The success of using immune checkpoint inhibitors to treat cancers implies that inhibiting an immunosuppressive cytokine, such as TGF-β2, could be a strategy to develop novel adjuvants for microbial vaccines. To develop nucleic acid based TGF-β2 inhibitors, we designed three antisense oligonucleotides, designated as TIO1, TIO2, and TIO3, targeting the conserve regions identical in human and mouse TGF-β2 mRNA 3′-untranslated region. In cultured immune cells, TIO3 and TIO1 significantly reduced the TGF-β2 mRNA expression and protein production. In mice, the TIO3 and TIO1, when formulated in various microbial vaccines, significantly enhanced the antibody response to the vaccines, and the TIO3-adjuvanted influenza virus vaccine induced effective protection against the influenza virus challenge. In the immunized mice, TIO3 formulated in microbial vaccines dramatically reduced surface-bound TGF-β2 expression on CD4 T cells and CD19 B cells in the lymph node (LN) cells and spleen cells; up-regulated the expression of CD40, CD80, CD86, and MHC II molecules on CD19 B cells and CD11c dendritic cells; and promoted IFN-γ production in CD4 T cells and CD8 T cells in the LN cells. Overall, TIO3 or TIO1 could be used as a novel type of adjuvant for facilitating the microbial vaccines to elicit more vigorous and persistent antibody response by interfering with TGF-β2 expression.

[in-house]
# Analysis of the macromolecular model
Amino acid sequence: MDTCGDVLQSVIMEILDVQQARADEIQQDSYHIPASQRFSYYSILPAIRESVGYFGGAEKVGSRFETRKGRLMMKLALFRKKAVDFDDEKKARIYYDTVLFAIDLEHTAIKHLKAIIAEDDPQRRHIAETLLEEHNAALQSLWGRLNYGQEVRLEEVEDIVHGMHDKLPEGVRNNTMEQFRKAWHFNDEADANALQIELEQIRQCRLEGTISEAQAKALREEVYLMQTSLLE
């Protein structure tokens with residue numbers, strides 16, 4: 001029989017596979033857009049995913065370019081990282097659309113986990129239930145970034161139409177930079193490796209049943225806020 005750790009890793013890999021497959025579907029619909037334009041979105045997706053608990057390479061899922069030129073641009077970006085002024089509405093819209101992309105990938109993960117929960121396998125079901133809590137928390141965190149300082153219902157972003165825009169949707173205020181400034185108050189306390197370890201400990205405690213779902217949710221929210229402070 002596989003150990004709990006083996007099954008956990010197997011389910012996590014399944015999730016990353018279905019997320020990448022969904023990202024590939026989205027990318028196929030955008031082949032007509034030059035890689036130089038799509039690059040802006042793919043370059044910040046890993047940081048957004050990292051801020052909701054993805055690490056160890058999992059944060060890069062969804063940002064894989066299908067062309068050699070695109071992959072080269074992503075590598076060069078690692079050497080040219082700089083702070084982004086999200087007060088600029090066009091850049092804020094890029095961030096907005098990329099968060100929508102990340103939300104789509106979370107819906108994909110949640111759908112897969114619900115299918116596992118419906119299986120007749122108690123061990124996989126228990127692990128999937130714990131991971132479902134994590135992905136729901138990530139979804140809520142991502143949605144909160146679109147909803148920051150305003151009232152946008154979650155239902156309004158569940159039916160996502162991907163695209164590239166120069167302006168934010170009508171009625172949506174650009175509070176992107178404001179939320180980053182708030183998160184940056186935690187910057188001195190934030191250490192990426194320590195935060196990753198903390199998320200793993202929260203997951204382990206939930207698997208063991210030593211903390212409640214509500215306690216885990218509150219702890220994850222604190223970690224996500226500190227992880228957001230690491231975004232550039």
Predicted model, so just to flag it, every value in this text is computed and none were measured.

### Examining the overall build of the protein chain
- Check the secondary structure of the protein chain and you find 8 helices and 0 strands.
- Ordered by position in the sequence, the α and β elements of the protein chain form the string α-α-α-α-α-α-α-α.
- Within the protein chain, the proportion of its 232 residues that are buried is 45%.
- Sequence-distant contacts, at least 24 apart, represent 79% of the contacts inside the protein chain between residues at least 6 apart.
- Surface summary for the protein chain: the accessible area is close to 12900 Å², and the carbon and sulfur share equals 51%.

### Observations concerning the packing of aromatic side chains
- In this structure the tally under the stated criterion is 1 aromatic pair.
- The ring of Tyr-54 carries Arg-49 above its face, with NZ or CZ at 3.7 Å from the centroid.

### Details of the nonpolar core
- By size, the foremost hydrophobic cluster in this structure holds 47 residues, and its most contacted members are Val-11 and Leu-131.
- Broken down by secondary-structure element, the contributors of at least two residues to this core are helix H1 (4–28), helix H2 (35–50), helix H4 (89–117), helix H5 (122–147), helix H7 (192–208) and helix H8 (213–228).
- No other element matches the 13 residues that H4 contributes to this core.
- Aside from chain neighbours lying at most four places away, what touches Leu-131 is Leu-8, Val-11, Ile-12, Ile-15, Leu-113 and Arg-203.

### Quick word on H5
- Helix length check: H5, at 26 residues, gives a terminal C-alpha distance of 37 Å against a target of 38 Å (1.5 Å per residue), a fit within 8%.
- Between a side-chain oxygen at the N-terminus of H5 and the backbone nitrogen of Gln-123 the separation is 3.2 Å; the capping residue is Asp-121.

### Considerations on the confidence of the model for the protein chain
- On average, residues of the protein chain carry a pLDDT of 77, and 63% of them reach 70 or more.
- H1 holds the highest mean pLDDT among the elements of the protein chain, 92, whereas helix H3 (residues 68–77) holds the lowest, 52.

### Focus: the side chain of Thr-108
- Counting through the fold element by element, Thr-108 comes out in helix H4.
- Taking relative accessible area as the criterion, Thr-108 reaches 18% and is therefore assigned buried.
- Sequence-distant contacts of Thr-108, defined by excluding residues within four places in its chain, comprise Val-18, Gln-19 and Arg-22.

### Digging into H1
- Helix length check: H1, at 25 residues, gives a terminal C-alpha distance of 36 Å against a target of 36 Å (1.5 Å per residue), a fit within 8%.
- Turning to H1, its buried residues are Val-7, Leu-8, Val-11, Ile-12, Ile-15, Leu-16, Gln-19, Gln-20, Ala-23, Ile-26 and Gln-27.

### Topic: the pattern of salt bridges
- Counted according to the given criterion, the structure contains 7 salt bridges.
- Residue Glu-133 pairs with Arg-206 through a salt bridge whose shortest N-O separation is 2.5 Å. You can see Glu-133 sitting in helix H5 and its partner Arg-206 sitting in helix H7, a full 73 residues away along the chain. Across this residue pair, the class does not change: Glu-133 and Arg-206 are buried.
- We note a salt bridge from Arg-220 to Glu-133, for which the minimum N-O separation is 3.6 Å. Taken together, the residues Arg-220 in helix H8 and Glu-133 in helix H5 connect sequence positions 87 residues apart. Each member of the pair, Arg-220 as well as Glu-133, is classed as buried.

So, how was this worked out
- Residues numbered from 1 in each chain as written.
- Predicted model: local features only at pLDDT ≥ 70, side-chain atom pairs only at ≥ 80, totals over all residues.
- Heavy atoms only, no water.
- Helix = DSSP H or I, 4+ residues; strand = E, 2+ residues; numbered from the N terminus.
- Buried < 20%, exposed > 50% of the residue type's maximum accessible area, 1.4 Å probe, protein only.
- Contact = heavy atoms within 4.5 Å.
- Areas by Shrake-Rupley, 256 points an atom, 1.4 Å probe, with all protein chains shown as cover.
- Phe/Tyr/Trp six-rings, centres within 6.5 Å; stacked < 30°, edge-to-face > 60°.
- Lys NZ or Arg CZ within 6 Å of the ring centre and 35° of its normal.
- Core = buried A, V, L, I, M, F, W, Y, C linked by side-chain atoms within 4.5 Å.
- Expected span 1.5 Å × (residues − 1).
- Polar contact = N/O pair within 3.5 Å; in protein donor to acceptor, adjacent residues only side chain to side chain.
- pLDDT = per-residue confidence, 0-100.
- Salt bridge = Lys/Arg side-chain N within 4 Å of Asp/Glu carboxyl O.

©2020 Society for Leukocyte Biology.

References

PubMed